There are several approaches for extending the functionality of a class. One of them is the usage of inheritance. The problem with this approach is that sometimes the derived class has unrelated behavior extensions. Another way to extend the class behavior is the using of configuration. In this approach the class has some primitives with which the user is able to configure the behavior of the class. The problem with this solution is that the behavior extensions are limited by the configuration abilities that the class provides.

The Plug-In pattern derives its name from the fact that it plugs – into a core class some additional behavior. It creates an object instance of an interface at run time. The pattern differs from using class inheritance (where behavior is altered or overwritten), or configuration (where behavior modification is limited to the configuration capabilities). With the Plug-In pattern, the modified behavior (the plug-in) connects to an abstract partial class, which, in turn, connects to the core class. The plug-in uses this interface to implement methods called by the core class and can also call new methods at the core class. A simple diagram can be seen on the next figure.

3.2. Service Locator

The Service Locator pattern is a variety of the Inversion of Control pattern (which is described later in the article). It is also considered as an alternative of the Dependency Injection pattern (also later described in the article). The Service Locator pattern allows classes to locate specific services they are interested in without the need to know about their implementations, or who implements the services. In the CAL a simple example for the Service Locator can be seen in the ModuleInitialize which resolves individual IModules objects.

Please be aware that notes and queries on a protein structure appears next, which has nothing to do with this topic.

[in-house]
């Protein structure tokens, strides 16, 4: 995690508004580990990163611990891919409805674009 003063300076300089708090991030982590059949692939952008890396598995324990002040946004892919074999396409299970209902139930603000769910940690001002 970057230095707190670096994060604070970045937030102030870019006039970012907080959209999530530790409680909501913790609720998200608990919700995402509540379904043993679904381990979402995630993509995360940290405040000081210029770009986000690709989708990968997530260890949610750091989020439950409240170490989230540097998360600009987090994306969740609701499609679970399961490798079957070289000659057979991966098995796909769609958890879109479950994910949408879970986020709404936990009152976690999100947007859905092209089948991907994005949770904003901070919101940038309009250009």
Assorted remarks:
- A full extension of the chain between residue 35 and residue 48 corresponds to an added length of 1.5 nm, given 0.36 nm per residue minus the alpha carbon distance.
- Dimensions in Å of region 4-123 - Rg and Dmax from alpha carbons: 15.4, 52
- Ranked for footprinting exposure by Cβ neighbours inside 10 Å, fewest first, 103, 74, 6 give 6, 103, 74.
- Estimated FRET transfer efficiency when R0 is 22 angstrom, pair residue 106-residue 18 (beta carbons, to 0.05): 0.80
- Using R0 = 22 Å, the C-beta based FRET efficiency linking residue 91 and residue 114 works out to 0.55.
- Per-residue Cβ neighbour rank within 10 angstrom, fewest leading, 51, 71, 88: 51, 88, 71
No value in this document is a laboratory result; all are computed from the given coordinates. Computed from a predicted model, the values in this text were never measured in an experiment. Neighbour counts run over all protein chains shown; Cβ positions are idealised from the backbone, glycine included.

The Service Locator pattern is extremely important in the world of distributed applications and service oriented architectures, where the need of transparently locating the business components and services is a vital necessity.

For example, let’s examine the problem shown on the next diagram.

You have a class that has a direct dependency on services whose concrete type is specified at design time. In our example, the ClientClass has reference to the Service1, Service2 and Service3. This approach causes the following problems:

  • Your class is tightly coupled.
  • In order to update the dependencies, you have to change your class code.
  • The concrete implementations of the dependencies must be available at compile time.
  • Your class contains code for creating, locating, and managing its dependencies, which is not possible to be reused.
  • Your ClientClass is impossible to be tested, because it has a direct reference to its dependencies, which cannot be replaced with stubs or mocks.

The solution: see the next diagram.

You need to create a service locator that contains references to the services and encapsulates the logic to locate them. After the service is registered, then the locator can find the service. An important characteristic is that the service locator does not create an instance of the services, it only locates them. The service locator should provide a way to locate the service without to know the concrete type. The most straightforward way to do this is to provide a string key or to use a service interface type. There are a few ways to implement the Service Locator pattern. You can create a global singleton instance which holds references to the services.

The advantages of the Service Locator pattern are:

  • It decouples your classes from their dependencies, so these dependencies can be modified or replaced with minimal changes to your classes.
  • Your classes depend on classes whose concrete implementation is unknown at compile time.
  • You are able to test your classes in isolation.
  • Your classes are not responsible for locating and managing the dependencies.

The disadvantages of the Service Locator pattern are:

  • There are more elements (classes) to manage.
  • More complexity in the source code. Your source code is more difficult to understand.
  • An additional code is needed to be written to create the service locator.